This covers any damage that is caused by a one-off act, but doesn’t include damage that occurs gradually from wear and tear.

Loss of rent

You may depend on a consistent income from your rental property and should things go wrong -if the property is damaged and needs to be vacant while repairs are done for instance, it’s important to protect your cash flow. Additionally, this often includes when a tenant’s rent arrears but it’s recommended to check how much cover the policy includes with your insurance firm beforehand.

Landlord’s contents insurance

A good option to have if you decide to leave any furnishings in the property to keep them covered.

Alternative accommodation 

Landlords are often obliged to provide alternative accommodation if the property becomes uninhabitable while occupied by tenants. This cover aids the cost of temporary accommodation until the damage to the property is fixed and tenants can move back in.

Landlord liability

A crucial insurance for landlords, it’s a type of liability insurance which protects you from any claims made by tenants if they have an accident in the property or their possessions are damaged and they hold the rental property accountable.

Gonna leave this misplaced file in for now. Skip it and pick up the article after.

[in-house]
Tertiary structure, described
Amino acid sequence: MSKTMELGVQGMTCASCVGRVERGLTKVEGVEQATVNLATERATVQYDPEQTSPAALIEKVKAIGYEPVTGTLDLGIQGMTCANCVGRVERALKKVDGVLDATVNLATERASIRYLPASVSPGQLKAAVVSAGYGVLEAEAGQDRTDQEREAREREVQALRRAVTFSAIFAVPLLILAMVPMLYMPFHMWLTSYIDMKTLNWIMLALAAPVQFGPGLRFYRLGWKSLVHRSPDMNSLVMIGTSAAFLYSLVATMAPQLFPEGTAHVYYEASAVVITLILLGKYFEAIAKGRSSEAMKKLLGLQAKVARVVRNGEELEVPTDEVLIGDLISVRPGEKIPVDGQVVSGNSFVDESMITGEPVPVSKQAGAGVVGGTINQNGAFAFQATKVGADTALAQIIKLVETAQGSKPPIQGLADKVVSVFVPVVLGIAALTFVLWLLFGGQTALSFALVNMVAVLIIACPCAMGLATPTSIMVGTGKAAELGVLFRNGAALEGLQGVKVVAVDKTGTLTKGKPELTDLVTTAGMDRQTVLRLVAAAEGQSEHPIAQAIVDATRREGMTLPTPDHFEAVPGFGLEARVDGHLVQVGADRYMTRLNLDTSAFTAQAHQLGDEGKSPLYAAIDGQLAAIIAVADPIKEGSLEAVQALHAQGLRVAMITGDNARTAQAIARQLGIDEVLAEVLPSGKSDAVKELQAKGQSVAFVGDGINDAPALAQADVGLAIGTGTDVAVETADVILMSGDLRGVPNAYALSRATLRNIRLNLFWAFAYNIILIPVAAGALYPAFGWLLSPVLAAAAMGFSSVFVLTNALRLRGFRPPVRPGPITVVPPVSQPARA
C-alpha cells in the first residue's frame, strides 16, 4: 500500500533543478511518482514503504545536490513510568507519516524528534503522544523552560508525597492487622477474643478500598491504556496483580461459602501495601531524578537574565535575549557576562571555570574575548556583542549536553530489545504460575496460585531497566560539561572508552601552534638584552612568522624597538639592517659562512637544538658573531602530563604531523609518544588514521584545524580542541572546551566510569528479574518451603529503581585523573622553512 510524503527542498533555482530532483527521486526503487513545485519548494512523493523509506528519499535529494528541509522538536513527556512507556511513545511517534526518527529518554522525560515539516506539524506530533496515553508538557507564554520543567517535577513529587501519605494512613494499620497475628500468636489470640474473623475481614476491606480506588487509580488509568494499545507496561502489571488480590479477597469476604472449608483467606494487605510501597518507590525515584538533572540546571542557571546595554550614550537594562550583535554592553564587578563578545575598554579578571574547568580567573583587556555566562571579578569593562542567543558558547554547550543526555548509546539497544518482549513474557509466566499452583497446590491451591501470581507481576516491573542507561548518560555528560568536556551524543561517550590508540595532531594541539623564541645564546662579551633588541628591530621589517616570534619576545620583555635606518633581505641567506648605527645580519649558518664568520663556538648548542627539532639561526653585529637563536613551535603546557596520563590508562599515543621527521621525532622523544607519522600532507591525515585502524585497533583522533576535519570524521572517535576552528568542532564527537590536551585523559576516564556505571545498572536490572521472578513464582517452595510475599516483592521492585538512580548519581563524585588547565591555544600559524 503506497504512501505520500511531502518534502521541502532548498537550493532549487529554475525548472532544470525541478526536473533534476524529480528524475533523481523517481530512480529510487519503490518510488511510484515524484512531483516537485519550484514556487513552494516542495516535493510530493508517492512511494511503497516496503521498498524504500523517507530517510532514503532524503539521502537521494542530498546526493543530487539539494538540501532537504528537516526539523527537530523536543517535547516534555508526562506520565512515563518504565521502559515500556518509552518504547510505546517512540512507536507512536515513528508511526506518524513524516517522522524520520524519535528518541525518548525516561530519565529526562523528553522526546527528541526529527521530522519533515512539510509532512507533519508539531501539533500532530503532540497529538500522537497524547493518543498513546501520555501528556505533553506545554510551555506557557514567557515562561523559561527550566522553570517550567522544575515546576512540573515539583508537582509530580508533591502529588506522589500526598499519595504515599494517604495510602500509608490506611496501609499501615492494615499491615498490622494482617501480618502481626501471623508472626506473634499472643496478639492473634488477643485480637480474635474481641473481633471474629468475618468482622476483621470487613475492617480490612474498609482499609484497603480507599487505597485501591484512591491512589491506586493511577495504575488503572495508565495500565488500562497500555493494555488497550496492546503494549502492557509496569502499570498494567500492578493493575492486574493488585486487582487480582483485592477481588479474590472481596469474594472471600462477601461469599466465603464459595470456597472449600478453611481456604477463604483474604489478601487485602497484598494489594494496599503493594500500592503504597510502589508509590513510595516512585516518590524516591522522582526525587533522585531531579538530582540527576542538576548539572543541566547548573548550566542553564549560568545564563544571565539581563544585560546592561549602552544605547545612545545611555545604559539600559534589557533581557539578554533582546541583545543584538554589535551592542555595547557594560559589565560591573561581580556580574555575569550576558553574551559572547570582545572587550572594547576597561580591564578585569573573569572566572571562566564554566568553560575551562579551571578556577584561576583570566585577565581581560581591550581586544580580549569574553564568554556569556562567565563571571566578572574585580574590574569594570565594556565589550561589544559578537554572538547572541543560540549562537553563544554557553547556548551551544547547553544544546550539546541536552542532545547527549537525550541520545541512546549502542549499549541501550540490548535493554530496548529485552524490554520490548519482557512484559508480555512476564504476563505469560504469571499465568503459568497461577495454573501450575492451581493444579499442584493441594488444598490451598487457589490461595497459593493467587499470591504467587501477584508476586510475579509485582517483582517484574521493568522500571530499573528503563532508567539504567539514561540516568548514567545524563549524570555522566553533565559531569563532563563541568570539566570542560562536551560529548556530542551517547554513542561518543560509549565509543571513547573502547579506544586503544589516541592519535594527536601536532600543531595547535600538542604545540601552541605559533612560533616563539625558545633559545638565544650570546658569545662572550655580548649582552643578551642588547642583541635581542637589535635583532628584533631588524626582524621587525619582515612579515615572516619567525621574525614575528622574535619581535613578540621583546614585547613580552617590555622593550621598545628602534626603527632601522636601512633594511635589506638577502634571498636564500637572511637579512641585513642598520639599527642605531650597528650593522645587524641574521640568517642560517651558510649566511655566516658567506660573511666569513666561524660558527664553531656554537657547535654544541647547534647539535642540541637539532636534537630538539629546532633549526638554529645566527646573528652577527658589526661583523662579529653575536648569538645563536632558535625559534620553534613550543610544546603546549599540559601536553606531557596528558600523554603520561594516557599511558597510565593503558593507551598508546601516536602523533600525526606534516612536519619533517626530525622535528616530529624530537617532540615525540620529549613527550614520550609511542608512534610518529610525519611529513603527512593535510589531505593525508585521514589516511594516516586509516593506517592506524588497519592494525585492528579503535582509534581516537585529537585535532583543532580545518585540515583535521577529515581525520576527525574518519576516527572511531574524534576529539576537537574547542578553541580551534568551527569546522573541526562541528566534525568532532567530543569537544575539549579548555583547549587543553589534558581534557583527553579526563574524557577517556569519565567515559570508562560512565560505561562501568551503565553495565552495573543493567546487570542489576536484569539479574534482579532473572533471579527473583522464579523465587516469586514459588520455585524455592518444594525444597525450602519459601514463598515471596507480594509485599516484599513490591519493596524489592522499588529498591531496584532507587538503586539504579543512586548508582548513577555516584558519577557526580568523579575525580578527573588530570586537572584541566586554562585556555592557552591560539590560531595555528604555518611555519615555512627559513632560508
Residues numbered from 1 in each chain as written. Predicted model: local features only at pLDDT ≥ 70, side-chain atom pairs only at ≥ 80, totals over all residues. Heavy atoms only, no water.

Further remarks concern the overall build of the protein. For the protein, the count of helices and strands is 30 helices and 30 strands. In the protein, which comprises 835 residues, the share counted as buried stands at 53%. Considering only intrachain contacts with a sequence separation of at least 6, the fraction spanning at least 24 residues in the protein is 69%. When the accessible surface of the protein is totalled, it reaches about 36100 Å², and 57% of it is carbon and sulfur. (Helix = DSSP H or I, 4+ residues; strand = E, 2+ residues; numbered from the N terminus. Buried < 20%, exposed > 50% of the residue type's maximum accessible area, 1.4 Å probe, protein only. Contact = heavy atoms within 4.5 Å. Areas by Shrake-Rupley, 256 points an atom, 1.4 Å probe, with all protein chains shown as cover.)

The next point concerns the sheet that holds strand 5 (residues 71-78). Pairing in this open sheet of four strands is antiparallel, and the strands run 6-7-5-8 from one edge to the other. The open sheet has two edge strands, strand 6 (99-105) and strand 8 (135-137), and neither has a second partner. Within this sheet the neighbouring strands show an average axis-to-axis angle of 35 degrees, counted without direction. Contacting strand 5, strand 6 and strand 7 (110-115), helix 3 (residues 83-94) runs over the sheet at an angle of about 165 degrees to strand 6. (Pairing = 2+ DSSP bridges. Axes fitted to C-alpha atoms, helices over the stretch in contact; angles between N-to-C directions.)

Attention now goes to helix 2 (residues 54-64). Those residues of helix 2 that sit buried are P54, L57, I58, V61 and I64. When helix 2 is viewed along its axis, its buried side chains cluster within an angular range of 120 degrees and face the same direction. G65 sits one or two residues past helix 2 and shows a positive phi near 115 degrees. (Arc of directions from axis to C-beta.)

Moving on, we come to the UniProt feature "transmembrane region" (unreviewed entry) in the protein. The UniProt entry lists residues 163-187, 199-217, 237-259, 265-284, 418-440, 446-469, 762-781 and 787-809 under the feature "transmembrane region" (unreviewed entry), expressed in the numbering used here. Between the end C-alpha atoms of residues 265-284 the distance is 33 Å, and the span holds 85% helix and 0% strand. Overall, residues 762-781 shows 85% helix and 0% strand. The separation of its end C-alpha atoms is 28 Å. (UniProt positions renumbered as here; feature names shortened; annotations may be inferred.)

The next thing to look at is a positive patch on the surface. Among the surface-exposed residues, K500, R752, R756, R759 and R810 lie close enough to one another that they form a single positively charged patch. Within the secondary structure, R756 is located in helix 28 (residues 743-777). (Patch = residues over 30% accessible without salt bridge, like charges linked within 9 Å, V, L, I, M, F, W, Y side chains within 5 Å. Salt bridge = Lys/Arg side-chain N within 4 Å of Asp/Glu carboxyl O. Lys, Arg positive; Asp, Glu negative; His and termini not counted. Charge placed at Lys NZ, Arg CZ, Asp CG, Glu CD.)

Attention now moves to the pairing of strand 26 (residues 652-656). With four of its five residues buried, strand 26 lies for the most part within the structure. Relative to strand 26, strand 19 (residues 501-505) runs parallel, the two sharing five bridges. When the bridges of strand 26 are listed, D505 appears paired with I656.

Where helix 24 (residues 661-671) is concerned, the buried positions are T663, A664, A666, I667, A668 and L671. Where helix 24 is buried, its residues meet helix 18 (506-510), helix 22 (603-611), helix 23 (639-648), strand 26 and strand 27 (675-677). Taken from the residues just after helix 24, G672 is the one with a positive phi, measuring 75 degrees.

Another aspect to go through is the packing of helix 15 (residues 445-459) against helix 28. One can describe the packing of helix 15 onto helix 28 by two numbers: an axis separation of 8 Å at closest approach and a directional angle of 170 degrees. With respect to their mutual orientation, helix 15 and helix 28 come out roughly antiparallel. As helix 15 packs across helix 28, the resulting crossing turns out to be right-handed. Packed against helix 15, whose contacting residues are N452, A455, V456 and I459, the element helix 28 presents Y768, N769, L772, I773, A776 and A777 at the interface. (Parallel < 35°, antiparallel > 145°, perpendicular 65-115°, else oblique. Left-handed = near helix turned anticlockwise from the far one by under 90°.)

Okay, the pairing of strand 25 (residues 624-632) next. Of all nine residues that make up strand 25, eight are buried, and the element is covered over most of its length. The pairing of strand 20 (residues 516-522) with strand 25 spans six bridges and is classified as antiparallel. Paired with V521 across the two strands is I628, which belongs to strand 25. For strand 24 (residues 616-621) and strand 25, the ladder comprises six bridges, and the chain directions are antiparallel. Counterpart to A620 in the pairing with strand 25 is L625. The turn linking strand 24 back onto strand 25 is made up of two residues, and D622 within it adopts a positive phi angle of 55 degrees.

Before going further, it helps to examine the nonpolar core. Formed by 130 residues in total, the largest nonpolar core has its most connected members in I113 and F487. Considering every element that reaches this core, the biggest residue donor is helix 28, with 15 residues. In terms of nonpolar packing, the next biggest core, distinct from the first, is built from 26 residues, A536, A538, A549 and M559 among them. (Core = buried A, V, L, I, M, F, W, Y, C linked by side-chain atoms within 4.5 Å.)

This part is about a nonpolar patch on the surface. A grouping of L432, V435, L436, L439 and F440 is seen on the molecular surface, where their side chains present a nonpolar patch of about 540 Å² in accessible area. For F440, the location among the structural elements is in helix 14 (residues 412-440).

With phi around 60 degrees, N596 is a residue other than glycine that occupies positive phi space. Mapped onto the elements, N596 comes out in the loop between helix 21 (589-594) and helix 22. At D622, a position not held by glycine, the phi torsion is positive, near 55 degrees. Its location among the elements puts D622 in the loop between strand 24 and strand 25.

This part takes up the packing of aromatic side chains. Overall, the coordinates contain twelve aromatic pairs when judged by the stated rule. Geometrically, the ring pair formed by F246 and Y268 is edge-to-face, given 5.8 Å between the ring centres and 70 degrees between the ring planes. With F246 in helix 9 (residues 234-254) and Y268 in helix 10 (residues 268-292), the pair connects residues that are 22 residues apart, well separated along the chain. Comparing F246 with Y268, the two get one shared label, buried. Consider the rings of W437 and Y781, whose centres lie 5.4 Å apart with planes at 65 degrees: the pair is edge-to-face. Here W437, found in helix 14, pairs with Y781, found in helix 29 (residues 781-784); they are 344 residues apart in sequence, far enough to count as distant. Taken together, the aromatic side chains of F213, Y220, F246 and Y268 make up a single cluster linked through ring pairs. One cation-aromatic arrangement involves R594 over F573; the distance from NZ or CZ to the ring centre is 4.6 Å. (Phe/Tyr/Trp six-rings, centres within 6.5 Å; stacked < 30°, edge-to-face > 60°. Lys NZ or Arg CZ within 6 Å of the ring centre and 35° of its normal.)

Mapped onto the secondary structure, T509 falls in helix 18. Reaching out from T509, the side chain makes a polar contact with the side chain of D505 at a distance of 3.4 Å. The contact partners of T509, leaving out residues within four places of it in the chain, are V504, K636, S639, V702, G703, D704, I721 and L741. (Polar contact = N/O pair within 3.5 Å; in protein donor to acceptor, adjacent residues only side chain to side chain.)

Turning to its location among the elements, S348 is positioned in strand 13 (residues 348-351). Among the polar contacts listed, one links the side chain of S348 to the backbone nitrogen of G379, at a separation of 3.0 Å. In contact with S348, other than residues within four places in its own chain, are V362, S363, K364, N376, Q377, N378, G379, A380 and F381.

Unoccupied property insurance

This one’s only necessary if your property is going to be unoccupied for a length of time that’s longer than allowed in a standard policy, which is typically 60 days maximum. It’s sensible to stay covered while the property is empty since damage is still a risk which wouldn’t be noticed as quickly in an empty property and could worsen before it’s discovered.

Landlord home emergency insurance

Provides protection against loss of essential services such as electricity, heating, plumbing and security. The cover typically gives 24-hour assistance when an emergency occurs and covers all costs associated with the job. 

Other expenses to consider

Insurance is just one of the elements to consider in terms of costs when becoming a landlord. It’s a common shortfall for landlords to fail to correctly measure buy-to-let returns, often overestimating their yield which can lead to problems later down the line. Find below other significant costs to bear in mind.

Mortgage

The main cost associated with buying a property which will make up a substantial part of your expenses.

Maintenance

Allow a realistic budget for repairs and maintenance. While it’s a variable cost it’s important to ensure your property is always up to standard and when issues occur they’re dealt with quickly.